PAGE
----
These days it’s difficult to find someone who will admit to being a sales person and be proud of it. Instead we get an amazing array of euphemisms: business development, marketing consultant, client development representative, client relationship manager, account manager, client success manager, and sales achievement specialists. OK , there are few I wish were not descriptors: hustler, dealer, pusher and peddler. I would like to think these descriptors are the exception rather than the rule.
I raise this situation for consideration as I began my career by participating in a two-year sales cadetship where it was very clear that only if I made it through would I then be appointed a territory sales representative. Those years were two of the best years of my life – they were formative years because I learnt a great deal.
First and foremost I learned that sales are the lifeblood of every business; without sales there is no business. So if you think you are one of those people who believes they can’t sell or don’t want to acknowledge what you do, Robert Kiyosaki of ‘Rich Dad, Poor Dad’ fame summed it up best for me, “you are either selling your stuff or buying someone else’s, that’s life. ” The reality is that everyone in your business, whether they want to acknowledge it not, is in some way a sales person.
The second thing I realised is the importance of people and that no two people are the same, and that understanding what makes people tick lies at the heart of a great sales person. This realisation sent me on a journey that continues to this day which was to understand myself because the more I understood myself the better I was able to understand others. From this understanding you build self-belief, trust, and integrity through the relationships you build.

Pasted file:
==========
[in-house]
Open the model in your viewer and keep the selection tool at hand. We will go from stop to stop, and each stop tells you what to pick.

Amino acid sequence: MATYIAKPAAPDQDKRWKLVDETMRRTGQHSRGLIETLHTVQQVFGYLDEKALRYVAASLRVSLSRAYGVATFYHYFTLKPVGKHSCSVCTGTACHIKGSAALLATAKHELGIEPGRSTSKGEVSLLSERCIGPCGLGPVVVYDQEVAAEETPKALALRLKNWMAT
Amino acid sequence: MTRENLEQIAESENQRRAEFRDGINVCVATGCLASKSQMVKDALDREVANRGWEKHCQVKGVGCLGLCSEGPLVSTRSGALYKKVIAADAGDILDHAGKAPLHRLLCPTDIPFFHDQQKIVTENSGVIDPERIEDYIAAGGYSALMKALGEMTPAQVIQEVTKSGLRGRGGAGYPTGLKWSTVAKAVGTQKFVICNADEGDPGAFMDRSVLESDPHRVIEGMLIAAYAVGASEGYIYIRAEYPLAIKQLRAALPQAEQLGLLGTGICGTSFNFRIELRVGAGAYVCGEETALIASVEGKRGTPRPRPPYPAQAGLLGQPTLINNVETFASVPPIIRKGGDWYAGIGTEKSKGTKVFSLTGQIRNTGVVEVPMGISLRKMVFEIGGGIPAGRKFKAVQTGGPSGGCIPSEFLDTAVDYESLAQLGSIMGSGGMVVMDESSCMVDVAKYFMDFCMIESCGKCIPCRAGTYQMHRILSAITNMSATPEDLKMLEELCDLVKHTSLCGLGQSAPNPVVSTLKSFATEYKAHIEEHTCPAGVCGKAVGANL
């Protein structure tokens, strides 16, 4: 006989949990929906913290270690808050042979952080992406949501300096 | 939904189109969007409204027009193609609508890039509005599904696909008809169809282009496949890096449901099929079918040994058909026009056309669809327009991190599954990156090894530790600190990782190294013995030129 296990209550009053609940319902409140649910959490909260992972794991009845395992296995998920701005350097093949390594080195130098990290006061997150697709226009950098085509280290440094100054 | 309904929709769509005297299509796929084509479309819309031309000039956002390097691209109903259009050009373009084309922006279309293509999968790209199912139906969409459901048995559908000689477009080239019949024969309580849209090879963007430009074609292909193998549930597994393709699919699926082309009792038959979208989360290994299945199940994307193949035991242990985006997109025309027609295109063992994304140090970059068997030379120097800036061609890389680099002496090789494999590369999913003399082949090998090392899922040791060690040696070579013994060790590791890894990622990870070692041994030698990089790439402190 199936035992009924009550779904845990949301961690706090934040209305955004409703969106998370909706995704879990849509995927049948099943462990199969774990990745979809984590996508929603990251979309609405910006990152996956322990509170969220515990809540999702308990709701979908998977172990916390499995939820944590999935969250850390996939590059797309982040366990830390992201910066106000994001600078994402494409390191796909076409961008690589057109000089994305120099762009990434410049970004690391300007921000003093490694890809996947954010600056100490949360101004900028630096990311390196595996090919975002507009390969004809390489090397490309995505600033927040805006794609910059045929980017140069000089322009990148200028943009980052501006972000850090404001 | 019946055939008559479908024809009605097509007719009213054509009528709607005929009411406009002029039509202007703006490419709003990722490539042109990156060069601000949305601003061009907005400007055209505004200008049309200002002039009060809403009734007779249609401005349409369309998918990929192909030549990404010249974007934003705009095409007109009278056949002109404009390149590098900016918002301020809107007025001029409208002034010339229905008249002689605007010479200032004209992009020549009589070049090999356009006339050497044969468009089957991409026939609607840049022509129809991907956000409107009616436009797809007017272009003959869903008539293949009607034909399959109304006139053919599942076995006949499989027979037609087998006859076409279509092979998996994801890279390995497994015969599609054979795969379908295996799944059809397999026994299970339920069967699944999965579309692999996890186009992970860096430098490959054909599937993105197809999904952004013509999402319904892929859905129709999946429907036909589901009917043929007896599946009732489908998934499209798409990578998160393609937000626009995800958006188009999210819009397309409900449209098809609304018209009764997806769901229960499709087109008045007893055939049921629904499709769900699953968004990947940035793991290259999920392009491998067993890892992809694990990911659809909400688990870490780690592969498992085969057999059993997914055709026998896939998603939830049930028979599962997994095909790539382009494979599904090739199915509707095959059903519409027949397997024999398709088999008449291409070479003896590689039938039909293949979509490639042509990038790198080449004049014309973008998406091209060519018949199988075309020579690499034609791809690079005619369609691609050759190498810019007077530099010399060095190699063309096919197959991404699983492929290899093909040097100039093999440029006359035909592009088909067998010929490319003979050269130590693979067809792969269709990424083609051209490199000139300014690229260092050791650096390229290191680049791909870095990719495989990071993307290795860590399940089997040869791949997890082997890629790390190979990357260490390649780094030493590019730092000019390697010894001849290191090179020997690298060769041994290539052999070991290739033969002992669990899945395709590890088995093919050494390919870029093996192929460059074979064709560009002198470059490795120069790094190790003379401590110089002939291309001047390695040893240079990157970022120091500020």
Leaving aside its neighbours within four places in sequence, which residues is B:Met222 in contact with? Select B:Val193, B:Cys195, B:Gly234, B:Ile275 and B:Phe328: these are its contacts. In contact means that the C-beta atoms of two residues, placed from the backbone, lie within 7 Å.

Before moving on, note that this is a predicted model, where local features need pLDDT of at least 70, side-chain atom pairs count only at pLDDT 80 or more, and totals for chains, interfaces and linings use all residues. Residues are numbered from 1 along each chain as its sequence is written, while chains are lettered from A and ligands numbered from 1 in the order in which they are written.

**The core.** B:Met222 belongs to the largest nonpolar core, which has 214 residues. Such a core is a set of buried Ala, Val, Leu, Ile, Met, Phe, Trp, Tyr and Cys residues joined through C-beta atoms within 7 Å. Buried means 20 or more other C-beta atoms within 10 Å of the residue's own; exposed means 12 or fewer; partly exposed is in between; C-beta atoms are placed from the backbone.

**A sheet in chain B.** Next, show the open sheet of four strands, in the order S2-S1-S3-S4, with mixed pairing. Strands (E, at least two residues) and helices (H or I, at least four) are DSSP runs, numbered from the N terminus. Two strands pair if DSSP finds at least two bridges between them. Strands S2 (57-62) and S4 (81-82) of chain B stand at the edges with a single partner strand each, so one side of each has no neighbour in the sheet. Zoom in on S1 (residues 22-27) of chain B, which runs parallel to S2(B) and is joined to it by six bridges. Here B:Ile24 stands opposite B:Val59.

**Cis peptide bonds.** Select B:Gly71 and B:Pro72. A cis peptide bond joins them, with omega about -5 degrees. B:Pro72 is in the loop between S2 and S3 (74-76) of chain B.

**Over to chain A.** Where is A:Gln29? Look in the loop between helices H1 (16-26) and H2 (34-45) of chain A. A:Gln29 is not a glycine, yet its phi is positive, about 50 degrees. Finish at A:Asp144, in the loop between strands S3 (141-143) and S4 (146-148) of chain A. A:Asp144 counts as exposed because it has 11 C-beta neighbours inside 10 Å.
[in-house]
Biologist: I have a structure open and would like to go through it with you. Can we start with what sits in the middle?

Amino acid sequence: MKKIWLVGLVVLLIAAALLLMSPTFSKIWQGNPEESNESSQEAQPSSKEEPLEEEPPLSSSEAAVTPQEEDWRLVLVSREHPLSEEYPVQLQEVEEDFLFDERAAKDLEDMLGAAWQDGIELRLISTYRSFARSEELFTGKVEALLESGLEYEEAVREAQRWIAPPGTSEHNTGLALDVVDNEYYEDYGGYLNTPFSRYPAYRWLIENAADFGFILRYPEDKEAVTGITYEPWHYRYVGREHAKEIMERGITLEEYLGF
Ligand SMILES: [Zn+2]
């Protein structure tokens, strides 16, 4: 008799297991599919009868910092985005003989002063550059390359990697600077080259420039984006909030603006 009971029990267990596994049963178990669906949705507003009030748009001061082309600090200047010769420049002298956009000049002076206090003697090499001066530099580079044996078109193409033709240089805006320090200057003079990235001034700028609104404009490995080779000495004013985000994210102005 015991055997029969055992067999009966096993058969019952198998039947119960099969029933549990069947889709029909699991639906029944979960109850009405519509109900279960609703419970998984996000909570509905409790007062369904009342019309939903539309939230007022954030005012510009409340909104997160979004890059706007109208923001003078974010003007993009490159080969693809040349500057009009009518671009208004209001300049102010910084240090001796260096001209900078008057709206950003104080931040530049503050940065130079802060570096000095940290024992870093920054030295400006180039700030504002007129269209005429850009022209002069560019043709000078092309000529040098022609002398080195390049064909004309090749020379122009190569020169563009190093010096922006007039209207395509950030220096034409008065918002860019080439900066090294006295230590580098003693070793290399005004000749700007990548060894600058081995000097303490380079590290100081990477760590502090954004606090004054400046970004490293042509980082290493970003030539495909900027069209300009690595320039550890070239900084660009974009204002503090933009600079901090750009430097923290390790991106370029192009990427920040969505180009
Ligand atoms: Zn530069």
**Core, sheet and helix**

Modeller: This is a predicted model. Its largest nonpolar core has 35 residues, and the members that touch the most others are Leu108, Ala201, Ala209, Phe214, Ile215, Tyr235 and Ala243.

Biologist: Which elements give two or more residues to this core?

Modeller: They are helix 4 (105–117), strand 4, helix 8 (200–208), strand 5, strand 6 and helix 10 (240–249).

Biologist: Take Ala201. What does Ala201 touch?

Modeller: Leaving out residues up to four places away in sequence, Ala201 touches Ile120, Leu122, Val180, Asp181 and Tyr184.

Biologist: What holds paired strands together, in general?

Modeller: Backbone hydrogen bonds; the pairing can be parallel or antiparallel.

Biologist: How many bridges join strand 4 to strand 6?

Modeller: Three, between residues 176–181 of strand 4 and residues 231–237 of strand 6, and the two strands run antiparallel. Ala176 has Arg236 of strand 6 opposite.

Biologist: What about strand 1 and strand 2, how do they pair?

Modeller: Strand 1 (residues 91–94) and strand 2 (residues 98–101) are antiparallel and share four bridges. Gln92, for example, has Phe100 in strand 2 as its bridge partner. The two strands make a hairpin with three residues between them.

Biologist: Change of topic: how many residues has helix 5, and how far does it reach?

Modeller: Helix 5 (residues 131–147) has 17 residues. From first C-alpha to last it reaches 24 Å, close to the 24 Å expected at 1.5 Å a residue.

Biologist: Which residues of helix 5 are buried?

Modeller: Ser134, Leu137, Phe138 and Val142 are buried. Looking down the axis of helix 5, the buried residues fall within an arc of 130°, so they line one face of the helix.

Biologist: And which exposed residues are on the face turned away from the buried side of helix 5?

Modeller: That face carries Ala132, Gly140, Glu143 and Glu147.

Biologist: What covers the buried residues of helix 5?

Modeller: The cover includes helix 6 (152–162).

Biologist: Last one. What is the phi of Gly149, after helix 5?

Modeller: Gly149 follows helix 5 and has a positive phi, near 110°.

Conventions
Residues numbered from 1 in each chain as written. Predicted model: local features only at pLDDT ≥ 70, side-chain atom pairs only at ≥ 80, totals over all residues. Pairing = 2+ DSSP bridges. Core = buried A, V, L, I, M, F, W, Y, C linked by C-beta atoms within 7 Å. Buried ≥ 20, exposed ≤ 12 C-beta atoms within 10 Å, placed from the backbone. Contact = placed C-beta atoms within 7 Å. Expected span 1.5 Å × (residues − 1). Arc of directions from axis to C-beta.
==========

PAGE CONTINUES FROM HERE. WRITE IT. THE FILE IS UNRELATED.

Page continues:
The third thing I learned is sales can be learned. I have observed over the years that the best sales people are long term thinkers and invest in their own development. Investing in my development has enhanced a multiple of skills including a range of communication skills: listening, the art of conversation, the value of measurement as a motivator, time planning, the importance of systems, and the value of building meaningful networks.
It’s challenging for salespeople to take the profession they are involved in seriously if they are afraid of the sales title that goes along with it. There isn’t a profession that does not have its detractors and a few bad apples.
Think for a moment about the subtle messages it sends to your prospective client when you use a pseudonym to cover the real purpose of your role, which is to sell.
Viventé Australia enables leaders and managers develop the bond between people and performance, creating a powerful advantage: the synergy between people, leadership, management, and culture, produces performance that allows your business to achieve its best.